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Where in summer the thirsty earth sucks up the sprinklers and the ground is turning green, the sky blue. Where somebody has stomped one of them into a lilac-colored jam nobody will touch, drying in the sun. Where the water mains making the harbor are surrounded by the white flurry of imported wings.

Where in autumn we make out in one-person cubicles, thunder pattering on the dome and the radio talking about the benefits of a perfect seam. Where company regs are ignored. Where careless spacesuits grow too thin on the backside or lose an elastic and nobody cares 'cause the air's been worked out.

Where in the first winter this planet has known, we're light enough to stay on top of the snow's thick crust. From this distance we can't hear the snow's crust breaking under their feet, but we know the sound and see their footsteps' deep blue shadows and their occasional bodies and try not to think about it.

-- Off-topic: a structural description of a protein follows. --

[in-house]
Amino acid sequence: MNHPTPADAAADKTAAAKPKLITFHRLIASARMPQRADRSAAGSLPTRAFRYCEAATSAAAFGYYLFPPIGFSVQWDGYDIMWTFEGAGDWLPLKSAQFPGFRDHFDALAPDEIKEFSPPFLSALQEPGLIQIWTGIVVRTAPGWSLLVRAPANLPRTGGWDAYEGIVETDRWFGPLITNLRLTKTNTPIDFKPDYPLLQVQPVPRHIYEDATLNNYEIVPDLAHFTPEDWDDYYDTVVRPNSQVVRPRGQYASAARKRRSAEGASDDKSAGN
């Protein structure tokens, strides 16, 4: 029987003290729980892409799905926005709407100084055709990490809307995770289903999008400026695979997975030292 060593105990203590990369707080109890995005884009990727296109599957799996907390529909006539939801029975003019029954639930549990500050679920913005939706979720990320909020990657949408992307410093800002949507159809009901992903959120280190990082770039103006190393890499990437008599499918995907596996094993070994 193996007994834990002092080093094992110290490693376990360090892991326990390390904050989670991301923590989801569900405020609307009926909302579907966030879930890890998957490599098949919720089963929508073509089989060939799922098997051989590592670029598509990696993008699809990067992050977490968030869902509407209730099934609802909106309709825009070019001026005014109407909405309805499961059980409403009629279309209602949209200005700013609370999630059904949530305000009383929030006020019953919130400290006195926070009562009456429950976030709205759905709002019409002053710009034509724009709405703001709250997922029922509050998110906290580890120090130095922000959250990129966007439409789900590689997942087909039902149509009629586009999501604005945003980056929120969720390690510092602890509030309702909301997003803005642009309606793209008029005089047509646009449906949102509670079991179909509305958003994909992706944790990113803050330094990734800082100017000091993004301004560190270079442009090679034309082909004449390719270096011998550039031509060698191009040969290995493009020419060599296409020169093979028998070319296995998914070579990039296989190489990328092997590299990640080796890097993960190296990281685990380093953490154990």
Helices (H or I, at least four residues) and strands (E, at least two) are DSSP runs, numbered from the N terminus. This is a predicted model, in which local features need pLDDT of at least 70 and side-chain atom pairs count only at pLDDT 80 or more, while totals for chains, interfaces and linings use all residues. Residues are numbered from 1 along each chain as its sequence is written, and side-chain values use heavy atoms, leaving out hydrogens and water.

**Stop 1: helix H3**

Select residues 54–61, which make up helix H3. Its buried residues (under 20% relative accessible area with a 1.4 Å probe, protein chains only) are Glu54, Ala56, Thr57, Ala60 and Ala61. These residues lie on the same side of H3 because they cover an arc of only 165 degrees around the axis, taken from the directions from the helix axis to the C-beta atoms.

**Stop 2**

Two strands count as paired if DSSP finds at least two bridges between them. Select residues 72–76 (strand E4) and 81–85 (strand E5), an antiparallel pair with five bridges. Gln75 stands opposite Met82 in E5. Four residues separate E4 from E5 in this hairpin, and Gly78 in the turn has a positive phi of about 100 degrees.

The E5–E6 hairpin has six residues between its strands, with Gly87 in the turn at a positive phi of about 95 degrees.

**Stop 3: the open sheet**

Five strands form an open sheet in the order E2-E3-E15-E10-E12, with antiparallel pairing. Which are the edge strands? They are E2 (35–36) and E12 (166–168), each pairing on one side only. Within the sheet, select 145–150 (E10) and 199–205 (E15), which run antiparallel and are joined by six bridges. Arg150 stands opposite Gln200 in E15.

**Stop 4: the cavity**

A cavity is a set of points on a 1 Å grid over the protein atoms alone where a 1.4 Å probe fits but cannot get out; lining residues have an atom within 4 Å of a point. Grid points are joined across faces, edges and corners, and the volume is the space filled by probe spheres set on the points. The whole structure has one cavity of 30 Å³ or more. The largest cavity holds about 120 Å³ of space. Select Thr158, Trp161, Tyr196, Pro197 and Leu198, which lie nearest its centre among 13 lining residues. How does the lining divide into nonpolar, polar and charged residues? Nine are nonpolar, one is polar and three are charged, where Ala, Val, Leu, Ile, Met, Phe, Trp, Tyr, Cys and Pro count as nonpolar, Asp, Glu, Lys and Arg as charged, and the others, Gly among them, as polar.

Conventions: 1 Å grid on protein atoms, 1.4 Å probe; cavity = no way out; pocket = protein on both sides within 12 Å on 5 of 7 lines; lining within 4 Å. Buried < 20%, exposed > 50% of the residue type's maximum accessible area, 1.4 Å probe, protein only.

In our dreams our bodies are lighter than they should be, our heads heavier, as though we've stared up at the sky for too long and can no longer tell whether our feet touch the ground or there's even any ground to touch, as if the sky just goes on and on.




Joanne Merriam lives in Nashville with her husband, three rabbits, and a reproduction sword. Her fiction has appeared in Escape Pod, Brain Harvest, and previously in Strange Horizons. You can find her at joannemerriam.com.
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